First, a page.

Details: Clarence Town Rd, Dungog, NSW. From $95 per night. www.carriageway.com.au, (02) 4992 1388.

6. Arts Factory Lodge Byron Bay

For that inner hippie in all of us, Arts Factory is the original backpackers of Byron Bay and the beating heart that reminds us what Byron was, before boutique hotels and yuppies set up shop on the beach: a getaway from modern life, modern people and modern ideals. Check out the vibe as you sleep in a Tee Pee or a surf shack, visit the lounge cinema, get lost on a bush tucker tour or just hang with the eclectic mix from around the globe that migrates through Byron on any given day.
Details: Skinners Shoot Rd, Byron Bay, NSW. From $28 per night. www.artsfactory.com.au, (02) 6685 7709.

7. Underground Motel White Cliffs

Usually living in the shadows of her more famous cousin in SA, White Cliffs proves there’s life underground elsewhere than in Coober Pedy. Underground Motel is a rabbit warren of ever-expanding dugouts that will have little ones running amok for hours mind-mapping the place. After a long drive it’s a subterranean oasis in the otherwise scorched tundra of the Strzelecki Desert.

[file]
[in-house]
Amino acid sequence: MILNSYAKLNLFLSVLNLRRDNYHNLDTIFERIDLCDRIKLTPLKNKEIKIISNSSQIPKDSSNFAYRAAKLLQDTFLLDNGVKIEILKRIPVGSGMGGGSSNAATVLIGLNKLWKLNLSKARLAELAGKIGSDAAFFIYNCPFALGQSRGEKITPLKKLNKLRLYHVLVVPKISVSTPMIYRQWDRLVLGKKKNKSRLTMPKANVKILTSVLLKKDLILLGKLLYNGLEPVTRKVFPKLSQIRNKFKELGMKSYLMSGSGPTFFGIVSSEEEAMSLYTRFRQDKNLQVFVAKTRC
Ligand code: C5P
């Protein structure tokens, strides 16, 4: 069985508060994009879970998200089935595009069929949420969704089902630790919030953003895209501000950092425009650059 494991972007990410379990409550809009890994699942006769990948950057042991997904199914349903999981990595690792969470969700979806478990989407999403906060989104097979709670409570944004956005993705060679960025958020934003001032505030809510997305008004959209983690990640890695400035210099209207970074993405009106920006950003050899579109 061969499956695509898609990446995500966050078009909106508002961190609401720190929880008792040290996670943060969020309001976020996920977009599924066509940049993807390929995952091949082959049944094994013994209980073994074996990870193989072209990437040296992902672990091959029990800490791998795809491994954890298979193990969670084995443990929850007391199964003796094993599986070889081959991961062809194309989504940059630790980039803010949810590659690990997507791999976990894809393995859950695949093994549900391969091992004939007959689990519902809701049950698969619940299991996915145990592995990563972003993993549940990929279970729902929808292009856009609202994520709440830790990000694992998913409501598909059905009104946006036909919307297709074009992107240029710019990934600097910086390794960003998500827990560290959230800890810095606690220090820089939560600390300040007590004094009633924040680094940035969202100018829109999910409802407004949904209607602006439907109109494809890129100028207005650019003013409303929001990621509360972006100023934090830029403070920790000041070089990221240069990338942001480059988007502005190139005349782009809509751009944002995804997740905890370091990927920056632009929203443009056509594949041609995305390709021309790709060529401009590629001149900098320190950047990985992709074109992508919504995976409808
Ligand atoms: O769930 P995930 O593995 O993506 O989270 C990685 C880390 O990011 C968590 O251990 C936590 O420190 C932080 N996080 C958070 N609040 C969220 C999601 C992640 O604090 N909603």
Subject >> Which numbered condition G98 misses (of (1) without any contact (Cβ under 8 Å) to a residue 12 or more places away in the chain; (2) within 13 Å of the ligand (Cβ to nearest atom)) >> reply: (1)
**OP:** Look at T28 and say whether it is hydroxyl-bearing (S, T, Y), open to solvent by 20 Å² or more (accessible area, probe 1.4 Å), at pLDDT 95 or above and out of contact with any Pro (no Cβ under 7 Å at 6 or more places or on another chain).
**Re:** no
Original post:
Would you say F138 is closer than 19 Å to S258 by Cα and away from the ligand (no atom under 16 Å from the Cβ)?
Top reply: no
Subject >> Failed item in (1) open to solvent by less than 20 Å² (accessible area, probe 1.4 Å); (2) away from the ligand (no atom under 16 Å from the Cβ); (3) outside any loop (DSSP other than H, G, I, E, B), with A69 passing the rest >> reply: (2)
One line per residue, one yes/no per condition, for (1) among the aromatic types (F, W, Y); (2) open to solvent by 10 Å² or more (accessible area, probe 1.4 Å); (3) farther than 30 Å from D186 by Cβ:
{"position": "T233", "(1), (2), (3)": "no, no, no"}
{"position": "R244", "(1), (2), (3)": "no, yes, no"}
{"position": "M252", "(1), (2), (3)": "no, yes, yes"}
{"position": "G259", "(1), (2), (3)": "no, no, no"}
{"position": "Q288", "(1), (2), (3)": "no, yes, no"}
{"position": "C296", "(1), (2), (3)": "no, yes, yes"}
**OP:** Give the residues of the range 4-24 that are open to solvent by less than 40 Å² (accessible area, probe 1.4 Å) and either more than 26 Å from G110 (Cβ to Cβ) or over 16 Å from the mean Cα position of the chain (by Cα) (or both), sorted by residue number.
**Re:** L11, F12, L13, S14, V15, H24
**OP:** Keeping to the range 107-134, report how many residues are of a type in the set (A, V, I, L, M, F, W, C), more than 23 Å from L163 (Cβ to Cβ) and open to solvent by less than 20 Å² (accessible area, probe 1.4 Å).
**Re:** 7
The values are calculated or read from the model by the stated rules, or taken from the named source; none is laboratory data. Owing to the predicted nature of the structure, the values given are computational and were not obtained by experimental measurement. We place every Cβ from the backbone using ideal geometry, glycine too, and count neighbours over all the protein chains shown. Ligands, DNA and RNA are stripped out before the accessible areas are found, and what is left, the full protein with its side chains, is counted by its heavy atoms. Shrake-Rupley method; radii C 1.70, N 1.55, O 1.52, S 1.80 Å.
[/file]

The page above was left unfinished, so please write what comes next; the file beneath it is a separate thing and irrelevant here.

Details: White Cliffs, NSW. From $85 per night. www.undergroundmotel.com.au, (08) 8091 6677.

8. Palace Hotel Broken Hill

Its location and architecture don’t mark it out as anything special. Neither, necessarily, does its history (though bits of Priscilla were filmed here). What makes it unique hides inside, on the walls. Formerly Mario’s Palace, this left-to-ruin outback masterpiece is being regenerated room by room by the delicate hands of locals. The interiors are covered in murals painted by a wandering Aboriginal miner in exchange for rent, and each surface is adorned with a different story.
Details: Argent St, Broken Hill, NSW. www.thepalacehotelbrokenhill.com.au, (08) 8088 1699. The Palace Hotel interiors are covered in murals painted by a wandering Aboriginal miner in exchange for rent, and each surface is adorned with a different story.

A Few Extra Weirdos

9. Q-Station, Manly NSW
Formerly a disease-riddled quarantine station, now a cracking hotel with nighttime ghost tours and some of the most secluded views across Sydney Harbour.

10. Lighthouses!
There are plenty. You can hire white ones, big ones, square ones, round ones, little ones, red ones, ones on islands, on cliffs, with shipwrecks, with seals or penguins and you can view them all at www.lighthouse.net.au

11. Coober Pedy, SA
From the five star Desert Cave to the weirdest of the weird, Crocodile Harry’s Underground Nest, it doesn’t matter where you lob, you’ll eventually end up underground here.

12. Fire Station, Adelaide
Sleep in a fire station with a working fire pole and a working order 1945 bright red fire truck in the bedroom.

13 Gagudju Crocodile Holiday Inn
The iconic Kakadu hotel turned 21 this year. Its croc design was the result of a comp to come up with something representing the NT that would be instantly recognisable – from the air anyway.